PORTLAND, Ore. (KOIN) – At age 17, Sang Dao stood in a downtown courtroom where he waited to learn how much time he would spend behind bars after being convicted of attempted murder. One year and 8 months later, Noah Schultz – also 17 – would find himself before a judge convicted of first-degree assault.
When Dao was sentenced in April 2008, he received a prison sentence of 12.5 years. Schultz would be sentenced in December 2009 and would receive 7.5 years in prison.
The two were sentenced under the state’s mandatory minimum sentencing guidelines for offenders convicted of violent crimes.
At that point, the two boys had never met. But their paths would soon cross. They would be bunk-mates at a youth correctional facility, and they would become the faces to spur change within the juvenile justice system.
Sang Dao. Booking No. J0510071
As Sang Dao, now 26, described his past he stopped mid-sentence. His eyes looked down at the sidewalk outside the Portland Police Bureau’s North Precinct.
“When you sit in a cell for 23 hours a day and all you have is yourself to keep you company, you have to ask yourself: ‘Do you really like the company that you keep?” — Sang Dao
His life as a young boy living in east Oakland, California revolved around gang violence.
“I just didn’t have a good understanding, and I didn’t value my life,” Dao said. “I didn’t value other people’s lives at the time.”
His mother moved her family from California to Portland. The better life she had hoped for appeared to be evaporating.
Dao found himself as an outsider. At school, he wasn’t able to make friends easily because of language barriers. To fill the void, he knew where he would find acceptance.
“I was heavily involved in gangs,” Dao recounted.
He stopped going to school. He became entrenched in a thuggish lifestyle. The cycle would spit him out.
“When I was 17, I was involved in several shootings that spanned over a couple months, which ultimately led me to my incarceration,” Dao said.
Noah Schultz. Booking No. J0415091
A series of bad choices and environmental factors led Noah Schultz down a dead-end road.
“I began selling drugs full time at the age of 12,” Schultz said.
Schultz, now 24, recounts the struggles he had at school. The difficulty began at an early age. When he was 10, he would be diagnosed with ADHD/ADD.
He began to think that he was stupid, “that school was something I just wasn’t good at and didn’t belong in.”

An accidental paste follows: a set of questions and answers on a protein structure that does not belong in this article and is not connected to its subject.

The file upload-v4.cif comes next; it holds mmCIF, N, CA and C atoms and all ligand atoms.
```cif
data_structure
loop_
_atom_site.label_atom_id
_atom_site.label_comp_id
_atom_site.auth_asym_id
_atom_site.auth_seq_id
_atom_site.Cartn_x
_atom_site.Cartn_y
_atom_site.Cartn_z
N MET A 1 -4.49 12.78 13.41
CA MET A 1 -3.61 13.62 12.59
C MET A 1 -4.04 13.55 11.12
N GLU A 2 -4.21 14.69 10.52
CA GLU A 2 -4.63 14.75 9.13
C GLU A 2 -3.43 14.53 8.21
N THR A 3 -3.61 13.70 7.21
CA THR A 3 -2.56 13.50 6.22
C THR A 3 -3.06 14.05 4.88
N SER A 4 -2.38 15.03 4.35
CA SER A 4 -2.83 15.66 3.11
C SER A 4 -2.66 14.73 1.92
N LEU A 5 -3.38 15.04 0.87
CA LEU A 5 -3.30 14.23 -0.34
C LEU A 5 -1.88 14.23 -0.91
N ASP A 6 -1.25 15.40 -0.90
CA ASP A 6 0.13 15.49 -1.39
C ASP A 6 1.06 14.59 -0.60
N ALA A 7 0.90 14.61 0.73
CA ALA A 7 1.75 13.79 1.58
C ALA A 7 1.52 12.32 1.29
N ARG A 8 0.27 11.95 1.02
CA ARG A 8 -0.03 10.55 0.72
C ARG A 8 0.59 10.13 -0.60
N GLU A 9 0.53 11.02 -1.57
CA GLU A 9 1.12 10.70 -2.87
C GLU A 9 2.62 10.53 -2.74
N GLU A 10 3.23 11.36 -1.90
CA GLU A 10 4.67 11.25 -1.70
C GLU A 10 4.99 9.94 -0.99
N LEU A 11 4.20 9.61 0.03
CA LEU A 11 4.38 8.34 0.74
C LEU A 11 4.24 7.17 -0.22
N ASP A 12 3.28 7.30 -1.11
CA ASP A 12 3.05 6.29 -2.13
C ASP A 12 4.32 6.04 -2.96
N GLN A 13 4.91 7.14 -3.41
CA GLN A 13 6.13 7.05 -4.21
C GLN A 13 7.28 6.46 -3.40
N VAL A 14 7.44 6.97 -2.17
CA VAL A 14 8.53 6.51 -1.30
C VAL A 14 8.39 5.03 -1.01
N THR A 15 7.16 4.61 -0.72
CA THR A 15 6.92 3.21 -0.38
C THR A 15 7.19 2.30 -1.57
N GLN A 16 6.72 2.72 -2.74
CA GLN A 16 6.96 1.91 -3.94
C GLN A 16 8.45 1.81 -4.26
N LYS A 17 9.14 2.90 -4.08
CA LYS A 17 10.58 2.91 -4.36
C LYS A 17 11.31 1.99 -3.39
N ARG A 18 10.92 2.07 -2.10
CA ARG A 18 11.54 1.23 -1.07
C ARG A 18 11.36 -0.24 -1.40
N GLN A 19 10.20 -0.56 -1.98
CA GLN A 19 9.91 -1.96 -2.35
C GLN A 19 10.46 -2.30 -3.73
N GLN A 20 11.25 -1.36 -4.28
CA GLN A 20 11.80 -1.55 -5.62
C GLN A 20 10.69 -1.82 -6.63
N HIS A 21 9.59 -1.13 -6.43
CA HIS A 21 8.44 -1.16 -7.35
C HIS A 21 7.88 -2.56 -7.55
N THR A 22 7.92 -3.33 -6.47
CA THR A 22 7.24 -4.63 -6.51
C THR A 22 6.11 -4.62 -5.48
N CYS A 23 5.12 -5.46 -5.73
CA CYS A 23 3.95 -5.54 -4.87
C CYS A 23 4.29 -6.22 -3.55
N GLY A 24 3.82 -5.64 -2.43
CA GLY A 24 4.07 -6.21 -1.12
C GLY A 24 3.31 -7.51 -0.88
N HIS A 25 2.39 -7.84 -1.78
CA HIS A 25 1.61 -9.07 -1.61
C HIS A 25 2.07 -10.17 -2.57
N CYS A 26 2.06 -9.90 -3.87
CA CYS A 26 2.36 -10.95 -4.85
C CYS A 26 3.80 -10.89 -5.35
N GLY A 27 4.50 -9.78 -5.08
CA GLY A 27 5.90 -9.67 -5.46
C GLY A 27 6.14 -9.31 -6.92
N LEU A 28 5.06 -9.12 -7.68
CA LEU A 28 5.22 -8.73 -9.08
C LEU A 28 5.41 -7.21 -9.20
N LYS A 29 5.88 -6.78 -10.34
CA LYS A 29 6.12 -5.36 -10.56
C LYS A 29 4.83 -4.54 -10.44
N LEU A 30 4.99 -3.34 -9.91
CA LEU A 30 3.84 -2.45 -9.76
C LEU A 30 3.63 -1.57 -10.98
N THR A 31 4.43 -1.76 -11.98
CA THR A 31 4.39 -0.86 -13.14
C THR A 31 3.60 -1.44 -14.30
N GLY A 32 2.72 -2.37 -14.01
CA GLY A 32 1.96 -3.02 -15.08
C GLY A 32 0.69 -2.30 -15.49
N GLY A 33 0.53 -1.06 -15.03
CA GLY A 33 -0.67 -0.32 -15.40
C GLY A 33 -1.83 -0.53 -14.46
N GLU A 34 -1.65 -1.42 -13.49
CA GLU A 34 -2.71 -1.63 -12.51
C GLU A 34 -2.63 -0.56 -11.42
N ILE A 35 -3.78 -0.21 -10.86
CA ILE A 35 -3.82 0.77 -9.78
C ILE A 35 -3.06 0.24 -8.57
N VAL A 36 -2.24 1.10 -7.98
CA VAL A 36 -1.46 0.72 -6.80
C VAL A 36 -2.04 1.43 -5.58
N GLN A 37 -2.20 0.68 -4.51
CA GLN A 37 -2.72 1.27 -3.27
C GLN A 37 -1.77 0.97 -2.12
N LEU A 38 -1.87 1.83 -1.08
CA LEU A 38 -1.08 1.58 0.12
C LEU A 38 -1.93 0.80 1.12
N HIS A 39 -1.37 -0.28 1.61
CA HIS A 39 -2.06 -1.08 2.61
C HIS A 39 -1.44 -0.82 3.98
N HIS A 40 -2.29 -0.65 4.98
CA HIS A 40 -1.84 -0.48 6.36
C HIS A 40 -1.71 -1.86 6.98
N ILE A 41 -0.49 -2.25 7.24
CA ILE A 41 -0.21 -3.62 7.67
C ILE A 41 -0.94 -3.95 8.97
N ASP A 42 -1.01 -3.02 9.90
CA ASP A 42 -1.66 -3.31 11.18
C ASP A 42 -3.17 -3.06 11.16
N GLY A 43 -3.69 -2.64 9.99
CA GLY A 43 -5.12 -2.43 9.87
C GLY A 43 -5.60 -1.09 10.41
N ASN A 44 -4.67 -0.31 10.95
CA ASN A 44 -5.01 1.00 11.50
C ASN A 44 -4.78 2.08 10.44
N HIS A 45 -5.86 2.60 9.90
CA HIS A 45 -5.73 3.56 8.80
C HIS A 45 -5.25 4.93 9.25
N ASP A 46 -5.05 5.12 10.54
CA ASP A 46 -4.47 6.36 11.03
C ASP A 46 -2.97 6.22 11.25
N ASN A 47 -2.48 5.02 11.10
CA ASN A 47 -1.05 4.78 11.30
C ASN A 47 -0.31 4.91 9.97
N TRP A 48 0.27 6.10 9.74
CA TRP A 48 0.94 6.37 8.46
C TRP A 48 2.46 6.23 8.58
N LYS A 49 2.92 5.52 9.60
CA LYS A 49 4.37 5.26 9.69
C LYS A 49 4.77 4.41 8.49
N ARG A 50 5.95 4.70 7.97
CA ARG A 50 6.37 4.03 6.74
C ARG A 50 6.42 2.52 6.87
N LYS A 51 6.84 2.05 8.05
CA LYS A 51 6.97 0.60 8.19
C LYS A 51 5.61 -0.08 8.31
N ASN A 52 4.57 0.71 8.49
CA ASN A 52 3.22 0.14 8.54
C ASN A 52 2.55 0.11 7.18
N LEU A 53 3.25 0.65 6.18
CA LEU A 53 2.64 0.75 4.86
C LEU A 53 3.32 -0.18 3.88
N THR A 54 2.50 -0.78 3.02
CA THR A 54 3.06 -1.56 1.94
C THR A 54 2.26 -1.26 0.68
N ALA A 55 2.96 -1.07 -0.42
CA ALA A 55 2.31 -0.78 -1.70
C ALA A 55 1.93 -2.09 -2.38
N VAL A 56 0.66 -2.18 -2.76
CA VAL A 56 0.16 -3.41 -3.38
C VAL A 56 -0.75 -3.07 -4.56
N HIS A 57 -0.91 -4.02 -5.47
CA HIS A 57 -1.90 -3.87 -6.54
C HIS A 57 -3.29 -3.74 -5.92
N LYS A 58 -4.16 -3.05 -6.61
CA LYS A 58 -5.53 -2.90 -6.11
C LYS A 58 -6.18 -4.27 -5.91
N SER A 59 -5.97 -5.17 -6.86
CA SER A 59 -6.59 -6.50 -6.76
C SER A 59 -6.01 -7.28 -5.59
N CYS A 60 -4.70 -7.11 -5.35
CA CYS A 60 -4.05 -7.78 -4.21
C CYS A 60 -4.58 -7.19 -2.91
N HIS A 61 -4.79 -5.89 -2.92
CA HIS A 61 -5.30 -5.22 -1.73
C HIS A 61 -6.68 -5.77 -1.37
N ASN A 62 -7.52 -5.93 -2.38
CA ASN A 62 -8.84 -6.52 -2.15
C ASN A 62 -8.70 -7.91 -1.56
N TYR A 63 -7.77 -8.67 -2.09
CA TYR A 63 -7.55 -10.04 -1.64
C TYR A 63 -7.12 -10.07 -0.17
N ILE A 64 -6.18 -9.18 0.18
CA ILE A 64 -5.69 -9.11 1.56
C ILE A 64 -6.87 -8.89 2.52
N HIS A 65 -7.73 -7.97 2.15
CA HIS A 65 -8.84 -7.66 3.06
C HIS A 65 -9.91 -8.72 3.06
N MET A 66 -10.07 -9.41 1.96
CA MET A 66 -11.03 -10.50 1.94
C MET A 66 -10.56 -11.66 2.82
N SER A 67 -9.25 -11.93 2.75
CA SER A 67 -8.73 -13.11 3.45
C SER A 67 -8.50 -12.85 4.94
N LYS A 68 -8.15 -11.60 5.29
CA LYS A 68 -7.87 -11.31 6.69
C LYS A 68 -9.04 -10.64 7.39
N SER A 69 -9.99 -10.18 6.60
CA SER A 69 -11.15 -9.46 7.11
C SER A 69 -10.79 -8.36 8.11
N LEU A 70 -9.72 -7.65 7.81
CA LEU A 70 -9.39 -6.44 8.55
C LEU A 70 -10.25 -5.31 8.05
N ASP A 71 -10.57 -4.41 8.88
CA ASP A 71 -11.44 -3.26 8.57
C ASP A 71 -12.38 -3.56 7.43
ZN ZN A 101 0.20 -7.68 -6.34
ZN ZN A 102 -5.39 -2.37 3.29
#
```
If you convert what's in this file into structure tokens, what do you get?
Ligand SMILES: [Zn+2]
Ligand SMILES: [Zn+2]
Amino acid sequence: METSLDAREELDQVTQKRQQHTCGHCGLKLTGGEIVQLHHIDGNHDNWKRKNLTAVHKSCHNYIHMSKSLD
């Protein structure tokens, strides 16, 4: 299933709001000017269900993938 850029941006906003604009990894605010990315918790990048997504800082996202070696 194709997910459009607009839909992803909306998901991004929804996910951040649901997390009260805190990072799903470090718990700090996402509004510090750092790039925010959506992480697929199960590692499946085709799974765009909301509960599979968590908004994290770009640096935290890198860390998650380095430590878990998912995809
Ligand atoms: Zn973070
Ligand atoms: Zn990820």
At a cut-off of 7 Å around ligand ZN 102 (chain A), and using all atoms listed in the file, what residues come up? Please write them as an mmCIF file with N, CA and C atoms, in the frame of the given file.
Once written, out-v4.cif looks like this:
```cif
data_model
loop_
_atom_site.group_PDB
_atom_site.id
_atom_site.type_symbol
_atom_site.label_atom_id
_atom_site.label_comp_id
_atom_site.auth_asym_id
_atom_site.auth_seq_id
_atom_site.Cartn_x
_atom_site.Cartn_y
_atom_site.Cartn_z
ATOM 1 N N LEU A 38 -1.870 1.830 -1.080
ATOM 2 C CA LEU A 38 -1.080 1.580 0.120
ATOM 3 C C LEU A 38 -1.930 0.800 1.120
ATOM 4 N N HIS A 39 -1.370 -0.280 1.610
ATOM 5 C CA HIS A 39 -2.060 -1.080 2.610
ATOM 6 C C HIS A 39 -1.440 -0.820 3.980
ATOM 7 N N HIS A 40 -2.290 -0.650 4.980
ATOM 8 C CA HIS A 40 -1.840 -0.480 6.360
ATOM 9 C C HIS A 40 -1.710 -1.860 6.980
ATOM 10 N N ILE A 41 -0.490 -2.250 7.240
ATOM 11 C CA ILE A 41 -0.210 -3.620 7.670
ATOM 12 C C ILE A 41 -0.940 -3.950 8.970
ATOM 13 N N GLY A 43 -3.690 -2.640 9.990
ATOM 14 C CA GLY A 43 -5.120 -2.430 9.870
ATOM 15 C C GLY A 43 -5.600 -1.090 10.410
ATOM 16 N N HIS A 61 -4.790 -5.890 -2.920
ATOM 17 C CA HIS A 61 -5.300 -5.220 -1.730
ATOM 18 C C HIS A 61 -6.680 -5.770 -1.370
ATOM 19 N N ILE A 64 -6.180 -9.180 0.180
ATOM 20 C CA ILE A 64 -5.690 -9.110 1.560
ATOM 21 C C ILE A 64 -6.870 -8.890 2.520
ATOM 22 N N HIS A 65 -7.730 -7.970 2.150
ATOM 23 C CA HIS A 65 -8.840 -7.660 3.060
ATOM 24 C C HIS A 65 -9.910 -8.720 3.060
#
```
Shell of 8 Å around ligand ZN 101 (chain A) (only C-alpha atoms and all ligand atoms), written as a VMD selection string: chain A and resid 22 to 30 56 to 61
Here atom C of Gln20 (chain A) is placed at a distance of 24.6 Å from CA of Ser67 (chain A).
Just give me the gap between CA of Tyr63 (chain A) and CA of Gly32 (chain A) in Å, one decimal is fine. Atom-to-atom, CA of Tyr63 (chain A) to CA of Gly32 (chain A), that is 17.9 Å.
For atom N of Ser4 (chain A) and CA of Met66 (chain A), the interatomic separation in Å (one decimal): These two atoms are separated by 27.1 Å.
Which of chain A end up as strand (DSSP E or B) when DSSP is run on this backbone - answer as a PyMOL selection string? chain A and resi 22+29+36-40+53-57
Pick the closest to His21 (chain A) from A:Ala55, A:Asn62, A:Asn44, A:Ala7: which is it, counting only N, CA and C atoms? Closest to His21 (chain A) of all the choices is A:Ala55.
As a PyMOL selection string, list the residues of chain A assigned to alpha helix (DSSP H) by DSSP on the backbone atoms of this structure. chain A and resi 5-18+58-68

By age 13, he was initiated into his neighborhood gang.
“I began selling drugs full time at the age of 12” — Noah Schultz
“That threw me into a cycle of violence and very poor decision making,” Schultz said.
When he was 17, he was robbed during a drug deal gone badly.
“I just couldn’t take anymore and I retaliated against the guy,” Schultz said.
The decision would cost him dearly. He found himself facing a prison sentence of 7.5 years.
Two imprisoned boys become friends
Dao and Schultz both describe being unable to find an outlet for their emotions during their adolescent years. They would have to suppress everything. The only escape they had was violence.
While Dao was incarcerated, he would meet Schultz. They would spend about 8 years together developing a friendship.
“When you sit in a cell for 23 hours a day and all you have is yourself to keep you company, you have to ask yourself: ‘Do you really like the company that you keep?,” Dao said.
Sang Dao earned a degree in criminlogy and criminal justice and became an academic adviser to Noah Schultz — who earned his high school diploma while in custody
While Dao was serving his time at the Oregon Youth Authority MacLaren Youth Correctional Facility, he would graduate with a bachelor’s degree in criminology and criminal justice from Portland State University in June 2014.
“When I was sitting in there…and just reflecting on where I have been, I knew that I needed to change,” Dao said.
Education would be his way out.
“I was very fortunate to have a lot of mentors and a lot of supportive staff along the way,” he said. “My mom mothered me while I was inside a correctional facility.”
Dao enrolled in vocational programs and job opportunities. He took an OYA research internship that focused on youth rehabilitation.
By the time Schultz entered MacLaren, Dao was well on his way to success.